Jonah L. can't have Virginia Woolf all to himself, despite the perceptive chapter in his first book. She fits well in this place in space called Neurophilosophy.
How can there be a doubt about the intertwining of aesthetics and neural correlates? Beauty, horror, harmony, squalor - how can our brain generated emotions and senses of balance, space and surrounding be separated from the input of our living and working environments? A single architecturally structured place can generate a wide variety of human reactions whether construction was finished last week or several millenia ago.
How does an individual's sense of scale translate neuronally into a space feeling free and open or empty and terrifying? How do designers and employers come to agreement in creating flexible spaces that can inspire and nurture all workers, including those who don't work well when surrounded by perfect order.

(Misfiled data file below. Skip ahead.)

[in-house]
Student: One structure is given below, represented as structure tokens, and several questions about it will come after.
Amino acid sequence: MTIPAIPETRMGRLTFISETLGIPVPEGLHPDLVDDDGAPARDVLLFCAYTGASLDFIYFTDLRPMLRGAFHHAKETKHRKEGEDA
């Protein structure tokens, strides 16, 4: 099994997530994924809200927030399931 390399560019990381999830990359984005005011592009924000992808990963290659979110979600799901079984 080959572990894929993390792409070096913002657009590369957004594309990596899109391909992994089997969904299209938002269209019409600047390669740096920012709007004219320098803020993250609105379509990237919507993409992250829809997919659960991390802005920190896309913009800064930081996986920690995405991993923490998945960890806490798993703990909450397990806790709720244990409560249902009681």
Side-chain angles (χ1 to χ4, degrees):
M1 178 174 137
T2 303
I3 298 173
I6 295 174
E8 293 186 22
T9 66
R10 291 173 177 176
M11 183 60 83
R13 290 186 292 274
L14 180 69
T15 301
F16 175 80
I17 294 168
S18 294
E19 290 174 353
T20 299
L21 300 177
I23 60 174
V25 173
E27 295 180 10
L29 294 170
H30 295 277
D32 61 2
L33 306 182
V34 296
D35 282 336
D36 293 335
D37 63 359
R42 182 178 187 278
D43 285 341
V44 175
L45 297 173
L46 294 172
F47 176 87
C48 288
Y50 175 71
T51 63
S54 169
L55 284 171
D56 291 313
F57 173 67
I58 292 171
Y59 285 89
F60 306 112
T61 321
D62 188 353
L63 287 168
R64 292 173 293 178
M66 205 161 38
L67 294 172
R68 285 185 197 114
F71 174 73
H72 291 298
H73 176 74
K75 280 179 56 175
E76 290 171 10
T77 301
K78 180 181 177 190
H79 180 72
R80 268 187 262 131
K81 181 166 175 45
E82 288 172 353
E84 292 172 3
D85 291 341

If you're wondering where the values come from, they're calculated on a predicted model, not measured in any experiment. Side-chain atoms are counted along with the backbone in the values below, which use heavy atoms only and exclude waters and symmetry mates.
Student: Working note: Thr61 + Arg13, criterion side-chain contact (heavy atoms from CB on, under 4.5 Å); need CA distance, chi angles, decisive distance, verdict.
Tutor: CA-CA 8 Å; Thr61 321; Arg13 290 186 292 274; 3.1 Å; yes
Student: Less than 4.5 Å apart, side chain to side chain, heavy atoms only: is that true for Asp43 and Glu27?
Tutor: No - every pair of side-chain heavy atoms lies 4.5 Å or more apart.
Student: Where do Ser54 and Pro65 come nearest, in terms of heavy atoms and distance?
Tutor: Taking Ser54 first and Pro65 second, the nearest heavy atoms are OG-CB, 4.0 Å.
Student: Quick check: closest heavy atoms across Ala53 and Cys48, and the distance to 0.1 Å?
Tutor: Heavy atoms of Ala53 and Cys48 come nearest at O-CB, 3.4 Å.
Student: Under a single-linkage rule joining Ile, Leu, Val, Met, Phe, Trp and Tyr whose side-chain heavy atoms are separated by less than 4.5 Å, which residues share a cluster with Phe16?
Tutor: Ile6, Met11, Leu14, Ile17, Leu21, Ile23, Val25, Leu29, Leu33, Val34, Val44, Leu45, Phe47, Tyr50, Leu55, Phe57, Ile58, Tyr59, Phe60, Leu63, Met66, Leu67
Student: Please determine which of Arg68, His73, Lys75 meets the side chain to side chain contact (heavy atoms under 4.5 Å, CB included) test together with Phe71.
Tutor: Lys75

neuroarchitecture doesnï¿½t deny the individual variability in response to aesthetic feautures of the surronding enviroment from the past or present. Instead, it can tell us from the basic "bauplan" all of us share it, how we end up following distinct aesthetic trayectories in our life span according to experience and other factors. Look at the analogy with "personal medicine".
Neuroaesthetics, and of course neuroarchitecture, is still in an embryonic stage and all the questions you pose (all interesting and very relevant) only research would answer.